• Inspired Barn: There are many freebies on this site. Some of my favorites are the book covers and vintage mail.
  • Clearly Vintage: Also fantastic. I love that she shares pictures with descriptions.
  • New York Public Library Digital Collection: They have a ton of public domain vintage images ranging from maps and illustrations to photos and scrapbooks.

Sometimes I share fully baked ideas and sometimes I like to provide all the ingredients and see what you cook up. In this case, I have opted for the latter. Dig into these digital goods and consider how these historical artifacts can and should impact and inform our current art, writing, research, storytelling, and ideas.


Don’t forget the 50+ Library Cards as well as lots more templates, digital downloads, goodies can be found in the Creatively Productive Digital Downloads Doc Locker. Just sign up using the form below and you will receive a link shortly with a secret link to the site and password to nab your freebies.

Receive Access to the Creatively Productive Digital Downloads Doc Locker

* indicates required





01 Jun 2012
Comments: 1

Climbing the Bloom's Ladder with HOT Web Apps

Apps and web apps are only as purposeful as the products and projects that they are used to create. After spending copious amounts of time publishing “Hot Apps 4 HOTS” to iBooks, I felt I should allocate some time to focus on web apps and how they too can be used to support higher order thinking skills.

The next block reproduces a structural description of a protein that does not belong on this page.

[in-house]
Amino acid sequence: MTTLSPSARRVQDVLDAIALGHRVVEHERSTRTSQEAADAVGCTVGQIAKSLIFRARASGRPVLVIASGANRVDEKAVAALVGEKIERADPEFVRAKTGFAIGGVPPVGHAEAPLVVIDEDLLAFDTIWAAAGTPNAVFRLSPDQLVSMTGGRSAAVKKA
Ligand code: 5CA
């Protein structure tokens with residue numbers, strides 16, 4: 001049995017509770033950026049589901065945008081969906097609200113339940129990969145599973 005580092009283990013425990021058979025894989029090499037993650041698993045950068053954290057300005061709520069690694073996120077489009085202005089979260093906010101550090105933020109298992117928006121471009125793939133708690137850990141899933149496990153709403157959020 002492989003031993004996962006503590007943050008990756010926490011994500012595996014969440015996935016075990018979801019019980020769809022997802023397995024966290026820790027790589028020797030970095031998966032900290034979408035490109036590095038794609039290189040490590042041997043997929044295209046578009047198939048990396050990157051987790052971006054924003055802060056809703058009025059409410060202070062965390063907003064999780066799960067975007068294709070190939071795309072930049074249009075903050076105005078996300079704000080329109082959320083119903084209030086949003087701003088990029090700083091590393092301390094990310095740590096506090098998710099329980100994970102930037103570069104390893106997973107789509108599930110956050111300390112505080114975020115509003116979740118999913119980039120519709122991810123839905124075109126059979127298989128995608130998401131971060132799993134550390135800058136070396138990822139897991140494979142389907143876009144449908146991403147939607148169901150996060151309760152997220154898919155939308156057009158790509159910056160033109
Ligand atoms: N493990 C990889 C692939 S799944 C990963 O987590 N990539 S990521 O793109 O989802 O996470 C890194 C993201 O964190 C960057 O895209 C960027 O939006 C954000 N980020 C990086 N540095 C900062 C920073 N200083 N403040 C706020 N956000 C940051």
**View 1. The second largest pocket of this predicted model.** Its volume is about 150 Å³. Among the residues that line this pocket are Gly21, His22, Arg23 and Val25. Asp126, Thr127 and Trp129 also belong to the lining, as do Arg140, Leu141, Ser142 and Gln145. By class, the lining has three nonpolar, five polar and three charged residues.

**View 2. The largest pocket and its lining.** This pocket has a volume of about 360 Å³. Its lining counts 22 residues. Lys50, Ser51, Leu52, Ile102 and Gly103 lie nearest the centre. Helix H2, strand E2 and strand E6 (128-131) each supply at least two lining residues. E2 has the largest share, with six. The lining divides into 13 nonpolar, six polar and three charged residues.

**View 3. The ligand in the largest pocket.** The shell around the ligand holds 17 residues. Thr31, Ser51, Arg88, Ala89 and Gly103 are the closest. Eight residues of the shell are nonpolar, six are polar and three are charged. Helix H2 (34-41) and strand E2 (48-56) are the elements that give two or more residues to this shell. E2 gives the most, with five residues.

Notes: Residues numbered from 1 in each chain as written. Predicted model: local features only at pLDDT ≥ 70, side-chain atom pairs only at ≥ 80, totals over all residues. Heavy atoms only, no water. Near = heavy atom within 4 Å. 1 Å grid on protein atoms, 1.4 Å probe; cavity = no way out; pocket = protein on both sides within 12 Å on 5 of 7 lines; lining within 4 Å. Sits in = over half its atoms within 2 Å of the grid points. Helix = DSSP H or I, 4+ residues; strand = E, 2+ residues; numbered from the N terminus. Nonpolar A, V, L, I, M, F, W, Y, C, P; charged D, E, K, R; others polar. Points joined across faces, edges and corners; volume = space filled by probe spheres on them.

I decided to model how Todays Meet and Quizlet can be used in every level of Bloom’s to support student learning and application across the curriculum. (Also check out the original Todays Meet lesson.) Both Todays Meet and Quizlet can be accessed and utilized on an iPad or a computer.



Nota: Using Todays Meet Screenshots


Today’s Meet & Quizlet: 

  1. TASK A: Locate a Quizlet deck for your content area and develop 2 or 3 questions (each at different levels of Bloom’s) to prompt and guide student learning in your classroom. Post your questions to Todays Meet with the Quizlet deck linked.
    1. Art & Literature
    2. Language & Vocabulary
    3. Math & Science
      1. Mystery Triangle
      2. Histology
    4. History & Geography
    5. Professional & Careers
    6. Technology